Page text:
5. Stephen says:

    PS. I just took a look now and fixed the CAPTCHA time out (in theory) – thank you again for bringing this to my attention.

  6. Dave Jackson says:

    Just listened to the latest update. If your feed is pointing toward libsyn (or whoever) it’s because you haven’t put your website address in your feed. Case in point, my listing at ( ) has my website as, well, my website (not my libsyn site) because I went in and changed it. So when you see someone who has a link to their hosting;s website, it’s because they aren’t taking advantage of that field in their feed.

    As for finding the podcast page on (for example) libsyn, that also can be deleted if you desire. I did have someone hire me for consulting and the reason was “I looked up podcasting and you are everywhere..” so having multiple sites show your content may not be a bad thing (unless it hurts you SEO juice).

  7. Stephen says:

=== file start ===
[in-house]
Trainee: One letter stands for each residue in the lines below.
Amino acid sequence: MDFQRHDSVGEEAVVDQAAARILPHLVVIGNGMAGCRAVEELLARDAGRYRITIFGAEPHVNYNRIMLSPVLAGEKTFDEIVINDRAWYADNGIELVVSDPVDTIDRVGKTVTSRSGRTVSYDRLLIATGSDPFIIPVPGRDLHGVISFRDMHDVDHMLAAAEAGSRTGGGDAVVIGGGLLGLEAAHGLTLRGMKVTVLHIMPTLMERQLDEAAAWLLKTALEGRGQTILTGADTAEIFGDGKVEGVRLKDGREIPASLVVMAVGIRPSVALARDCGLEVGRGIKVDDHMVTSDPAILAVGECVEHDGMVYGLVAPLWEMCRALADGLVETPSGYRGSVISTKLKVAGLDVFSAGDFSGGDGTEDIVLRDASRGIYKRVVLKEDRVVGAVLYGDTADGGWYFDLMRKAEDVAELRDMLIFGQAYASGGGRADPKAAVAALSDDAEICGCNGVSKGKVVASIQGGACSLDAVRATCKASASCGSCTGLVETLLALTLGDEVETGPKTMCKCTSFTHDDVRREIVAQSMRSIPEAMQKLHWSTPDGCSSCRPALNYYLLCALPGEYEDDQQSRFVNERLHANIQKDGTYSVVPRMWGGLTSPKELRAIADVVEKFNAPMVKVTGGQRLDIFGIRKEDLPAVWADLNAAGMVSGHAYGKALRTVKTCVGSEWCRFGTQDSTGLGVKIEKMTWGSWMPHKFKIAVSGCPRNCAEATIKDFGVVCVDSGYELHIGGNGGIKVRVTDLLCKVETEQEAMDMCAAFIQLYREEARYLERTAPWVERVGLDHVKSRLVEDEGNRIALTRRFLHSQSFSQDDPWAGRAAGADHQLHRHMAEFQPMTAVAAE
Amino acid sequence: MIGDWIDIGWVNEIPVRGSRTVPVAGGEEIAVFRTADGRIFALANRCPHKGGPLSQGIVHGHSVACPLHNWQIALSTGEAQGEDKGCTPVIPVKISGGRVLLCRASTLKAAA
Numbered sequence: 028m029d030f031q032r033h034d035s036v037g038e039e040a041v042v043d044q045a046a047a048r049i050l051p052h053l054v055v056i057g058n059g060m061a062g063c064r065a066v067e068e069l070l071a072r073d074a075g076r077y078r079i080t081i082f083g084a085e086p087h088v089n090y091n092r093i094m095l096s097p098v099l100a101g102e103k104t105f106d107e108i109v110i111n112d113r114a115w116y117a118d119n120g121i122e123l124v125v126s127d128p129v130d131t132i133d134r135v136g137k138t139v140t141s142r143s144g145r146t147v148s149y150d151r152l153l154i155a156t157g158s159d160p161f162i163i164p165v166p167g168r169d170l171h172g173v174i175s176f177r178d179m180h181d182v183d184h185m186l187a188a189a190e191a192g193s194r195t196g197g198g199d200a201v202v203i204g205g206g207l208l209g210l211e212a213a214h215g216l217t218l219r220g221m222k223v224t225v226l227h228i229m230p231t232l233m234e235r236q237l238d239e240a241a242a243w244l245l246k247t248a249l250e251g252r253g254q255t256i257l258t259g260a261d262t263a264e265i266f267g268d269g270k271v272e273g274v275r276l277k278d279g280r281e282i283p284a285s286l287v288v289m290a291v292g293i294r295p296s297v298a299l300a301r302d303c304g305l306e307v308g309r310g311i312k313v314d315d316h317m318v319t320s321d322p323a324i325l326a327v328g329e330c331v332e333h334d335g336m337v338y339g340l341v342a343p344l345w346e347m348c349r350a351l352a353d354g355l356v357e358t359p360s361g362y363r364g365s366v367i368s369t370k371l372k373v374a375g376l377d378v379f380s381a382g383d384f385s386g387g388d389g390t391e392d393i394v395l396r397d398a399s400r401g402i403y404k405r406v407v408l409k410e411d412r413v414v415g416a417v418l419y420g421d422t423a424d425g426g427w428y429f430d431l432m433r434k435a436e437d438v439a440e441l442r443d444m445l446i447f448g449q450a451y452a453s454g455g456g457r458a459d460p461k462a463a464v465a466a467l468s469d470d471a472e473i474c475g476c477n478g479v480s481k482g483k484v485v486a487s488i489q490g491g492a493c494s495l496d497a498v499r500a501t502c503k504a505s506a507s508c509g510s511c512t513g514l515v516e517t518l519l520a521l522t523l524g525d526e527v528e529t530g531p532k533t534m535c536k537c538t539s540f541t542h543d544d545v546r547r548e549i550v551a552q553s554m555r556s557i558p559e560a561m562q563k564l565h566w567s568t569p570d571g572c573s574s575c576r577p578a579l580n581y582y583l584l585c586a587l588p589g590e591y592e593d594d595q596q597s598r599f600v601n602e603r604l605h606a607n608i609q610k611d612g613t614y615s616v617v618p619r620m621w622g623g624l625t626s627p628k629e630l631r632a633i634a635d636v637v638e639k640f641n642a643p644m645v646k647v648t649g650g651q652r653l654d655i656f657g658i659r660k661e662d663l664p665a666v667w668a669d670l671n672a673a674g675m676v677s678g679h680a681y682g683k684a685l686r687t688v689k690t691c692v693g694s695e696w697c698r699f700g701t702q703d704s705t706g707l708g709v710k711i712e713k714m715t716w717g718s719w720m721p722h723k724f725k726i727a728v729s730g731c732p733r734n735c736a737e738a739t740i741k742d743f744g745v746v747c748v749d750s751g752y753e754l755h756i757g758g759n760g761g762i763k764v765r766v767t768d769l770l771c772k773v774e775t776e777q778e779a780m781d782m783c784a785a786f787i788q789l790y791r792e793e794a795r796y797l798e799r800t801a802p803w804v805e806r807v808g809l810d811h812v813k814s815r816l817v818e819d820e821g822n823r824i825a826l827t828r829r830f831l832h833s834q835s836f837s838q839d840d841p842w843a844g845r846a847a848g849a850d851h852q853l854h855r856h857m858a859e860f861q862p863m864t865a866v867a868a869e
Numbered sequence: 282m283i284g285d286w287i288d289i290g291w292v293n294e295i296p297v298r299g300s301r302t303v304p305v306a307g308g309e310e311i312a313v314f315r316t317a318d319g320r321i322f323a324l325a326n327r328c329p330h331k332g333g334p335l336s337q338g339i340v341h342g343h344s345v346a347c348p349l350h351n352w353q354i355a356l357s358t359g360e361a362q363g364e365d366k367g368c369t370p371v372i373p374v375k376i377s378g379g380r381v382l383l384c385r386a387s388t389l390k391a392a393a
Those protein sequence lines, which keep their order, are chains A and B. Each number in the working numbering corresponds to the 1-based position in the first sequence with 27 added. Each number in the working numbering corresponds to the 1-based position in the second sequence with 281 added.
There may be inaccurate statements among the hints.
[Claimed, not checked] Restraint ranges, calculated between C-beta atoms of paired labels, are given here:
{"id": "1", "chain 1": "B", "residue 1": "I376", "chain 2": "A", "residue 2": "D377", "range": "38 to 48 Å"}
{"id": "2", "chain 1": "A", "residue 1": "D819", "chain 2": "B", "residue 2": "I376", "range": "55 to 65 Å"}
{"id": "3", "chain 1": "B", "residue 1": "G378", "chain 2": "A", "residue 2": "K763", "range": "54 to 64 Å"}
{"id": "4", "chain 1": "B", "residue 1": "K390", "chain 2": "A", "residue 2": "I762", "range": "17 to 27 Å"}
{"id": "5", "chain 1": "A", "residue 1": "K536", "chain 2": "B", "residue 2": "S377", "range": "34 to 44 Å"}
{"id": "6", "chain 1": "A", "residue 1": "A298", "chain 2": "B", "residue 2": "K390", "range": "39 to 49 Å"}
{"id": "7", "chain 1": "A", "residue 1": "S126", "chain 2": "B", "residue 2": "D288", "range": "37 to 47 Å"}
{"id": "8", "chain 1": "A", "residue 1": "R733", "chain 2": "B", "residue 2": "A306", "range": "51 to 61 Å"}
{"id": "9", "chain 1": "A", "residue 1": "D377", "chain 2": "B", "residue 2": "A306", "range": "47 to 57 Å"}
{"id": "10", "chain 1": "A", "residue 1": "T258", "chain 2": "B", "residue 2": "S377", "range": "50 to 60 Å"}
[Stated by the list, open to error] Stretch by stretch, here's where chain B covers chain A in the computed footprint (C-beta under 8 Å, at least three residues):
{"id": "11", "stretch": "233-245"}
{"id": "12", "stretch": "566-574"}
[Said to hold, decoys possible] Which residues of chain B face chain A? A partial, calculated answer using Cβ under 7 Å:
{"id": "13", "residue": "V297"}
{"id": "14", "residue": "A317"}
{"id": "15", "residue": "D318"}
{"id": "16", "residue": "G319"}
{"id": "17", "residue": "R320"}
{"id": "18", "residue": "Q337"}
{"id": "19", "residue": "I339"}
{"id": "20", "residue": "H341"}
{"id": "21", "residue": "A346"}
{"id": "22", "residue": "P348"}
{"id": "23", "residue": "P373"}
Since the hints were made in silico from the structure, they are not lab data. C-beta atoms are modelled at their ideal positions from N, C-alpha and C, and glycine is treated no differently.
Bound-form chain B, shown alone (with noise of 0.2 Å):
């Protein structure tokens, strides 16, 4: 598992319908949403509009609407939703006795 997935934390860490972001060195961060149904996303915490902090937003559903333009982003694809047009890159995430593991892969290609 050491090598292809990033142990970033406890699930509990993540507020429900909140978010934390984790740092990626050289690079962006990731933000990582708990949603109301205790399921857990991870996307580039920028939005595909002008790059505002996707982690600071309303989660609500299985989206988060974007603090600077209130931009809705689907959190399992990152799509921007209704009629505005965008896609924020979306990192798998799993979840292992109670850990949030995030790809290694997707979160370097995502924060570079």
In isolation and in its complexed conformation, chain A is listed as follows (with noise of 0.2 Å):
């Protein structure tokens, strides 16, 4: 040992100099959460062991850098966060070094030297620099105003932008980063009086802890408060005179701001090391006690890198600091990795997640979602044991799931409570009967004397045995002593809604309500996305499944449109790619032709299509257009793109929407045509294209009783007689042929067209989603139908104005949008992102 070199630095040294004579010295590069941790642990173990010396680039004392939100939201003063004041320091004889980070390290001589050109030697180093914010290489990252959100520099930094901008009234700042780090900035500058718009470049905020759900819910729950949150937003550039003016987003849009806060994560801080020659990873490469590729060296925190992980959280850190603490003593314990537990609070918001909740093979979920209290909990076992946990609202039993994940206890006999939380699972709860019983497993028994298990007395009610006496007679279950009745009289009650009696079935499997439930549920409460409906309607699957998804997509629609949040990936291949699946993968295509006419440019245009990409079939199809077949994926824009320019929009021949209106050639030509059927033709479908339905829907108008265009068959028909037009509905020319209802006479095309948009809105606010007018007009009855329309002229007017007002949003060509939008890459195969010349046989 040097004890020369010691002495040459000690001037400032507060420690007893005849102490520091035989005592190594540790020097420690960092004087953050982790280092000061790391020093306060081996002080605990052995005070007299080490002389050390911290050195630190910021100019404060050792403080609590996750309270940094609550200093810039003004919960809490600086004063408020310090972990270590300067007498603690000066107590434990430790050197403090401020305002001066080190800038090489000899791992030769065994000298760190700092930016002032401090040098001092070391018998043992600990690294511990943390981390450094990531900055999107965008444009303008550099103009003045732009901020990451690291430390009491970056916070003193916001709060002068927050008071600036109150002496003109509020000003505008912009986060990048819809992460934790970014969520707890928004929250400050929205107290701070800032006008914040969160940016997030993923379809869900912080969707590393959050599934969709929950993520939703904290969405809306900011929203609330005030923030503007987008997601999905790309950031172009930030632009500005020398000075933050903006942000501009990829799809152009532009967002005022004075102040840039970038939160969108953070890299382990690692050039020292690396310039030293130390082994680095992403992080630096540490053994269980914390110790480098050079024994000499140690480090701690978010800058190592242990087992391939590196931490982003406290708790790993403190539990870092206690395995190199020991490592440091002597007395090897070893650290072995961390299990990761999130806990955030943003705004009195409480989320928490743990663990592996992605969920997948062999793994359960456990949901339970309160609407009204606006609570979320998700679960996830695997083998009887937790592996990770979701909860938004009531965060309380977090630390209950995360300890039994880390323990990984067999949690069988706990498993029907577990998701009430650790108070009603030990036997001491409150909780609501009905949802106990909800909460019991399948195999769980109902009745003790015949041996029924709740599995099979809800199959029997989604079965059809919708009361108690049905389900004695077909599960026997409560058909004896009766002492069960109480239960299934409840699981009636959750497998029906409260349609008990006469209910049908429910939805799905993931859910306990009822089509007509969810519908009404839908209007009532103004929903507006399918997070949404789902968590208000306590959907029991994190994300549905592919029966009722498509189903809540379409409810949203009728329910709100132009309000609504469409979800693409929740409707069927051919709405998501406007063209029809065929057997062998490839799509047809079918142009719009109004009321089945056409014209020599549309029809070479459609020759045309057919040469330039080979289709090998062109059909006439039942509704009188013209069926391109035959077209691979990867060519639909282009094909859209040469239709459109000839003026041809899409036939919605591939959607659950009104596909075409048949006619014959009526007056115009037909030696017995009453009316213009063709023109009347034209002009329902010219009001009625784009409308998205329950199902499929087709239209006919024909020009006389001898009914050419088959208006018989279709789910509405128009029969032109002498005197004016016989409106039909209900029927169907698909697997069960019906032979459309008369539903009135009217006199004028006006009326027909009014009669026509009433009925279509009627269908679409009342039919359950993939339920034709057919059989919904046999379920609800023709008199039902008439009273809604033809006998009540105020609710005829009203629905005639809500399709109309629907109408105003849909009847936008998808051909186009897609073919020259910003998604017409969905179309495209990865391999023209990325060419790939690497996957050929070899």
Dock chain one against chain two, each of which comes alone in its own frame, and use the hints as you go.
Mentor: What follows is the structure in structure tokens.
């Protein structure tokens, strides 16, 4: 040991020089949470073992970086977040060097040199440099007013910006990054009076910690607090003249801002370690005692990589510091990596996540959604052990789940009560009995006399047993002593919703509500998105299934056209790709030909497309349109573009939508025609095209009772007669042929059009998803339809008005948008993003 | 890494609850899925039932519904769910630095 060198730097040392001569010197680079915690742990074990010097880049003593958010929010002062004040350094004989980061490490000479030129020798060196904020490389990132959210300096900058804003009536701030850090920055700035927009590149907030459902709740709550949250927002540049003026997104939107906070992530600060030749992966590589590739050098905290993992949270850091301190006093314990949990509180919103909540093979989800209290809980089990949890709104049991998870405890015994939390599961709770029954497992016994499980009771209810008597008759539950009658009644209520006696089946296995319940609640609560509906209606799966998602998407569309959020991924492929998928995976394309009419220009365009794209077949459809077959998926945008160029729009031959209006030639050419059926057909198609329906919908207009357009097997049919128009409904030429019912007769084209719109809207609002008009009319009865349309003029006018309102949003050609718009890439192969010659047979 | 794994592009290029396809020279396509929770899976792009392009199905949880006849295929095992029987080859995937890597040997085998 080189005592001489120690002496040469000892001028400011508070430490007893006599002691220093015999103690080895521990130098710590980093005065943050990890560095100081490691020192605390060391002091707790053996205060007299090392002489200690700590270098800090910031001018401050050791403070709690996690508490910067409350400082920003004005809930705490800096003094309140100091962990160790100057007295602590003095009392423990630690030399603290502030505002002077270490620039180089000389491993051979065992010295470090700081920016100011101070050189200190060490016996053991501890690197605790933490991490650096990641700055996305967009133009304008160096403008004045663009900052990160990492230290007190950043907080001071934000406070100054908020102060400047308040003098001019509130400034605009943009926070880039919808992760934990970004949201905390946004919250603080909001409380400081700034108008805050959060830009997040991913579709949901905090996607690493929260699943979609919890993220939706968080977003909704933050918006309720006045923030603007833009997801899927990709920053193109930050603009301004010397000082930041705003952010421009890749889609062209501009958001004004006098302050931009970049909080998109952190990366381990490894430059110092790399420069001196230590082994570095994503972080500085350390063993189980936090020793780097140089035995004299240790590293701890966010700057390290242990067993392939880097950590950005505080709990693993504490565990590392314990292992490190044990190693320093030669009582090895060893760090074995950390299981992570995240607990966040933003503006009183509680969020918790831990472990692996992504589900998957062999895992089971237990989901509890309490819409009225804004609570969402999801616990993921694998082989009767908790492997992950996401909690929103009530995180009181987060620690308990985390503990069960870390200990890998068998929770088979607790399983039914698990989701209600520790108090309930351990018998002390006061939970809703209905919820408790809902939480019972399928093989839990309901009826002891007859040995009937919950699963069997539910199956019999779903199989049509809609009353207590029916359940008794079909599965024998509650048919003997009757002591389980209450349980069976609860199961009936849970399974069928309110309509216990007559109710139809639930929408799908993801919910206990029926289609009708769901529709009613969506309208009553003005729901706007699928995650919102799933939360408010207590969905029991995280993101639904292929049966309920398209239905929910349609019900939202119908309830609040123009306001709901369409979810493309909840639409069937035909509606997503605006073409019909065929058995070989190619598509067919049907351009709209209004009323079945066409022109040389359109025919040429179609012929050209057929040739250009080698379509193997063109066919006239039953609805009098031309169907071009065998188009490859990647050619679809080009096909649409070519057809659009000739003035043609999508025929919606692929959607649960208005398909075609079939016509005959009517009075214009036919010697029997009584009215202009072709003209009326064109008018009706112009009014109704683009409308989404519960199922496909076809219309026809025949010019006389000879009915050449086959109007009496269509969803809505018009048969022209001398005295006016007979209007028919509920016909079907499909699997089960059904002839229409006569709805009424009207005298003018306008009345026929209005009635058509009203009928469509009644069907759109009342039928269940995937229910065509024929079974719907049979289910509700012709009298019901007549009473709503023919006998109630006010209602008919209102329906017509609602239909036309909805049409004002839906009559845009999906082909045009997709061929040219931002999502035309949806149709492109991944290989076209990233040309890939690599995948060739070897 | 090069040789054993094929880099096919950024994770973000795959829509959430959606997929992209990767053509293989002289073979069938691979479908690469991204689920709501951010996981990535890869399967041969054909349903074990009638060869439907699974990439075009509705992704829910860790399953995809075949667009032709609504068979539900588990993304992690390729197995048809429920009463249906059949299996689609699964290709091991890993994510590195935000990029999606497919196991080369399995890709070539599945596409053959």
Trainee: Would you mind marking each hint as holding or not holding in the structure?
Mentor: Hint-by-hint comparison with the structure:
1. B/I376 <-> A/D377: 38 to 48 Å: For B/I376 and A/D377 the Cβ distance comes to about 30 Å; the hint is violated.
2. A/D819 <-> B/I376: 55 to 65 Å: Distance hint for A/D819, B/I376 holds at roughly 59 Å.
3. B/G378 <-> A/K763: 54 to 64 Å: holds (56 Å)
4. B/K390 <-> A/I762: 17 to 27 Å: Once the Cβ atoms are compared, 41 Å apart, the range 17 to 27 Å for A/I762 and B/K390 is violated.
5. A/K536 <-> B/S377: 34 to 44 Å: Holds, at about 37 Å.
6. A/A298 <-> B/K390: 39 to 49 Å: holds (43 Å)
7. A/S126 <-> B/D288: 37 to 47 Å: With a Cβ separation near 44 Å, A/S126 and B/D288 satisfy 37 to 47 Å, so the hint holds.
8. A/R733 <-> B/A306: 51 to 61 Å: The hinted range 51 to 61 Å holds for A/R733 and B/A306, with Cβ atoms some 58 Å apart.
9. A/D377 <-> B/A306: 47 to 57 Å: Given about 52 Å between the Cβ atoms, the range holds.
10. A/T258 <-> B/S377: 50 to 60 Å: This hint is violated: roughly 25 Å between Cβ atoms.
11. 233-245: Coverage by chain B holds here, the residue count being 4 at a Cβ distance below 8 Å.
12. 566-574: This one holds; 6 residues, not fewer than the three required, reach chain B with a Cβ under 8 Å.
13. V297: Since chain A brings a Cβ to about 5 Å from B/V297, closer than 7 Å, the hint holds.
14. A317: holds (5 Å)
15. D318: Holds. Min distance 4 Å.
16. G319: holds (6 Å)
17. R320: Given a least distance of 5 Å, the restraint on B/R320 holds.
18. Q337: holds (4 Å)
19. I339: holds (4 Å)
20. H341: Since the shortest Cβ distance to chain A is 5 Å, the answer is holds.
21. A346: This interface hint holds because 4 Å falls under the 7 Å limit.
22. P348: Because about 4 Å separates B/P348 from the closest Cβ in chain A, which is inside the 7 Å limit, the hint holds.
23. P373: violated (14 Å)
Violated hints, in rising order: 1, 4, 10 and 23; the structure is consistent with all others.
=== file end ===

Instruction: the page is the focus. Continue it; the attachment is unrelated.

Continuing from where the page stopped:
Hey Dave, thanks for checking back with us. I ABSOLUTELY (ha ha – see what I did there?) do agree it’s possible to change these tags but when we talk about things on Better Podcasting, we try to look at it from the hobbyist perspective. From what I’ve seen many of these folks who sign up for services use default settings and the default settings are to link back (as a note – in my research I found both hobbyists and non-hobbyists using the default settings). This is most definitely why I felt it was important to mention and preface with my followup that this link-back was in regard to using the default settings. Although I’ve been an avid self-hoster since I started podcasting in 2008, as mentioned at the start of episode 65, I’m also VERY realistic about there being pros and cons. My observation is that there’s been a lot of “extreme cases” cited during discussions from both sides when discussing self hosting and the intention of the episode was to give a variety of consideration (both pros and cons) for those considering self-hosting. As for the comment about the Libsyn page potentially helping people find you, for sure that’s definitely a consideration that podcasters have along with other listing methods such as directory services, distribution outlets and whatnot – but that’s sort of a different conversation. I think SP has actually cited in the past when we discussed media hosts that this was one of the reason he leaves his page enabled (but I could be wrong, it all blends together. I know he’s mentioned it to me offline). There are definitely pros and cons to leaving stuff everywhere and it was a concious effort for us to look at the subject of self-hosting from the self-hosting perspective – rather than a self-hosting vs media hosting comparison (since we’ve talked about media hosting before). Thanks again for your comment and I do appreciate you asking further about this as it helped us provide further clarification.